The judge rejected the firm's claim that the CFPB cannot seek disgorgement as a remedy and further declined to address the firm’s ultra vires argument that the CFPB is an unconstitutional agency and therefore lacks legal authority to bring suit, stating that the en banc decision in PHH Corp. v. CFPB has not yet been issued.

    Notably, however, the judge appeared to suggest that case could be appealed because the firm’s other arguments fail to qualify for RESPA safe harbors under Sections 8(c)(1) and 8(c)(2).

    Courts CFPB RESPA Mortgages Litigation Disgorgement Safe Harbor

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  • PHH v. CFPB Update: PHH Counters CFPB’s Statute of Limitations Interpretation

    Courts

    On June 13, PHH Corporation sent a letter to the U.S. Court of Appeals for the District of Columbia Circuit responding to a June 7 letter from the CFPB that stated RESPA’s three-year statute of limitations is not applicable in its enforcement action against the company. In its letter, the CFPB cited a decision in Kokesh v. SEC where the U.S. Supreme Court ruled that a five-year limit applies to civil penalties, and that, furthermore, “[d]isgorgement in the securities-enforcement context is a ‘penalty’ within the meaning of §2462, and so disgorgement actions must be commenced within five years of the date the claim accrues.” The Bureau further supported its argument for a five-year limit by claiming that RESPA’s three-year statute of limitations provision applies only to “actions” brought in a “United States district court or any other court of competent jurisdiction,” and its administrative proceeding against the company for alleged mortgage kickbacks was not an “action” under RESPA.

    In response, PHH countered that Section 2462 contains a “catch-all limitations period ‘[e]xcept as otherwise provided’ by Congress.” Thus, the D.C. Circuit panel was correct when it held that Congress “otherwise provided” a three-year statute of limitations under RESPA that applies to enforcement proceedings because in the “second part of Section 2614, the term ‘actions’ is not limited to actions brought in court.” PHH further asserts that Dodd-Frank “repeatedly uses the term ‘action’ to encompass court actions and administrative proceedings.”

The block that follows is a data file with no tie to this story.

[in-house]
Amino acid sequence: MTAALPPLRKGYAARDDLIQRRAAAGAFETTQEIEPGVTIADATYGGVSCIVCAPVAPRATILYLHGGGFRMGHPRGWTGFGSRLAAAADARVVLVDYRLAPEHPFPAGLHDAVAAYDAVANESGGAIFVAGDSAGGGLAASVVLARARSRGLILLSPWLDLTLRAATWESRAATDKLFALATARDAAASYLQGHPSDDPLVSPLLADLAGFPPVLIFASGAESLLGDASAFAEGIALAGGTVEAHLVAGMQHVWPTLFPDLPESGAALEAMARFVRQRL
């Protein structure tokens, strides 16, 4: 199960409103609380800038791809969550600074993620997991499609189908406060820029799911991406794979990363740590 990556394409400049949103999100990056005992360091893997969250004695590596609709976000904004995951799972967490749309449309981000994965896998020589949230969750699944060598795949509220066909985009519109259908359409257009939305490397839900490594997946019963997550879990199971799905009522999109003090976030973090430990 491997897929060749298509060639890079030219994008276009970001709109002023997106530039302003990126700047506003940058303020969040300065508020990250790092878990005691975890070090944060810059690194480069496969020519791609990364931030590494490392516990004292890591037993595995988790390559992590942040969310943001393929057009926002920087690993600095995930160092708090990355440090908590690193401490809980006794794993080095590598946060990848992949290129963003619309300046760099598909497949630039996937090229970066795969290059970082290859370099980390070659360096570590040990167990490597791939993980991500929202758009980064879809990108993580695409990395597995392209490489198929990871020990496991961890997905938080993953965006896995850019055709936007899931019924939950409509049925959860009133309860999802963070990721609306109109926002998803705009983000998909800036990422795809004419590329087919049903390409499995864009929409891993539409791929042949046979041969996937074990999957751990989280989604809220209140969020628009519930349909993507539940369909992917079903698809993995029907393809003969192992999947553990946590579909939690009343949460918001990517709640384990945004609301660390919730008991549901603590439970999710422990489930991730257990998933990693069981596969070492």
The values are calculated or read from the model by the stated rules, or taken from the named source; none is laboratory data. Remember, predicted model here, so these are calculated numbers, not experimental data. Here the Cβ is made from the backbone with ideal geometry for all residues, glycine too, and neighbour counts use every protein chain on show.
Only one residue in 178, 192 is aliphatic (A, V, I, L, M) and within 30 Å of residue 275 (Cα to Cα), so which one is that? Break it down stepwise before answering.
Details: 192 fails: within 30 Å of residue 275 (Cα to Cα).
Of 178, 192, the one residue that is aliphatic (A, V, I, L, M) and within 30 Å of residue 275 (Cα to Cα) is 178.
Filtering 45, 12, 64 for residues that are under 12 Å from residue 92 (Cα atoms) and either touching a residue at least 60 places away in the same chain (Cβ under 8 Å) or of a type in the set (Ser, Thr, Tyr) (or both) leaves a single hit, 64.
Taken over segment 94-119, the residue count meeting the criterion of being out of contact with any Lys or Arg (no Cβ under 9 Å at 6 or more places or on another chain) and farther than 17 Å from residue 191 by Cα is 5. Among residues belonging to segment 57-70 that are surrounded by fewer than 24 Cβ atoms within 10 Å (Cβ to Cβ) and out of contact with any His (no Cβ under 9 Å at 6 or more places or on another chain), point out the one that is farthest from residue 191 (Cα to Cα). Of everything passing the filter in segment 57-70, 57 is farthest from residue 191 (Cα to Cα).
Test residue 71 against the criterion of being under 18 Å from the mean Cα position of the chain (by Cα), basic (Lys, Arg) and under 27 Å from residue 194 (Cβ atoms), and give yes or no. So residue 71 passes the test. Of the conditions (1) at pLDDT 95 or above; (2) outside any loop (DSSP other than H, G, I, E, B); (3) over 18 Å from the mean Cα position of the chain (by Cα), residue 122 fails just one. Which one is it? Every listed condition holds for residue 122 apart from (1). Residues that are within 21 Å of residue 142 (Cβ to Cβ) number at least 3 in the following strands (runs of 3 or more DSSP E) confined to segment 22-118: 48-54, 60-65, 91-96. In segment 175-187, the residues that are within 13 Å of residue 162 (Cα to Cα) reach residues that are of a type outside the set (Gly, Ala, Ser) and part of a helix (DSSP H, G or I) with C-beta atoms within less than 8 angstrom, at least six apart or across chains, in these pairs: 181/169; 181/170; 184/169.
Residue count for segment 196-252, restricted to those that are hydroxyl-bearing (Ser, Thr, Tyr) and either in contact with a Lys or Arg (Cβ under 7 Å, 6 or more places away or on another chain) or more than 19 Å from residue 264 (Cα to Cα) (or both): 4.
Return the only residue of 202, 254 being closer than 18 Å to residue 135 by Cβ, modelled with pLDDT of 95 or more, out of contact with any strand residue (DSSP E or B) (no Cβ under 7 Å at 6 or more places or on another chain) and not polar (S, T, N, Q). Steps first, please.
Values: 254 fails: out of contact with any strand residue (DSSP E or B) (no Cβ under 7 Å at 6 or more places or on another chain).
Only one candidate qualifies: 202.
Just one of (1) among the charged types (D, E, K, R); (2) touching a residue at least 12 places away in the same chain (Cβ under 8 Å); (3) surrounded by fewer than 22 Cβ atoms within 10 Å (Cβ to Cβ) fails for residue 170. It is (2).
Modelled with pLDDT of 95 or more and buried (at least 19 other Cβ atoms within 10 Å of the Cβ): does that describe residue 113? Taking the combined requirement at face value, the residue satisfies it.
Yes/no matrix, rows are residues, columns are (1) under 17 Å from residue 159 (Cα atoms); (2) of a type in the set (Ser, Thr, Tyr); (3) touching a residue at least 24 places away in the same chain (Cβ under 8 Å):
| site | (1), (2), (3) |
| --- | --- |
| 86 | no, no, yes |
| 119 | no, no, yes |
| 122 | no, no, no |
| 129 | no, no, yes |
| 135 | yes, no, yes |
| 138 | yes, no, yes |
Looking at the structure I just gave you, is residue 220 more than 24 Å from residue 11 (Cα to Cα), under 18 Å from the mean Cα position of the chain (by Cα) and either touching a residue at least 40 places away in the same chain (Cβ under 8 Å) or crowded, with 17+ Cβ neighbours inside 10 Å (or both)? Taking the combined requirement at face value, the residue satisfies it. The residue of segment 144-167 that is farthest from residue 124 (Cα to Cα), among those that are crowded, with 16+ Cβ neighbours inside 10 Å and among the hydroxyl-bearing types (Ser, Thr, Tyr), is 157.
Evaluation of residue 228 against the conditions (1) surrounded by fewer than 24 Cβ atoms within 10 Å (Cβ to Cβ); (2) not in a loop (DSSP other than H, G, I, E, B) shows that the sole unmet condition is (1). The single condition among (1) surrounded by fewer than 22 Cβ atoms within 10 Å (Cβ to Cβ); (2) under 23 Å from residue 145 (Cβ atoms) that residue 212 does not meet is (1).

As previously covered in InfoBytes, on May 24, the D.C. Circuit, sitting en banc, heard oral arguments on the constitutionality of the CFPB. It did not indicate that it was inclined to revisit the panel’s determination that the Bureau misinterpreted RESPA when applying it to PHH’s practices.

    Courts Litigation Mortgages CFPB PHH v. CFPB RESPA

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  • CFPB Fines Mortgage Servicer for RESPA Violations

    Consumer Finance

    On June 7, the CFPB ordered a mortgage servicer to pay up to $1.15 million in restitution for failing to provide borrowers with required foreclosure protections when handling loss-mitigation applications. The consent order alleges the servicer violated RESPA by failing to send critical information to consumers who were applying for foreclosure relief, and, in some circumstances, beginning foreclosure proceedings on borrowers who had submitted completed applications. Pursuant to the consent order, in addition to restitution, the servicer is required to provide borrowers the opportunity to pursue foreclosure relief, must cease its illegal practices, and develop policies and procedures to ensure compliance with mortgage servicing rules.

    Consumer Finance CFPB Enforcement Mortgages Foreclosure RESPA Mortgage Servicing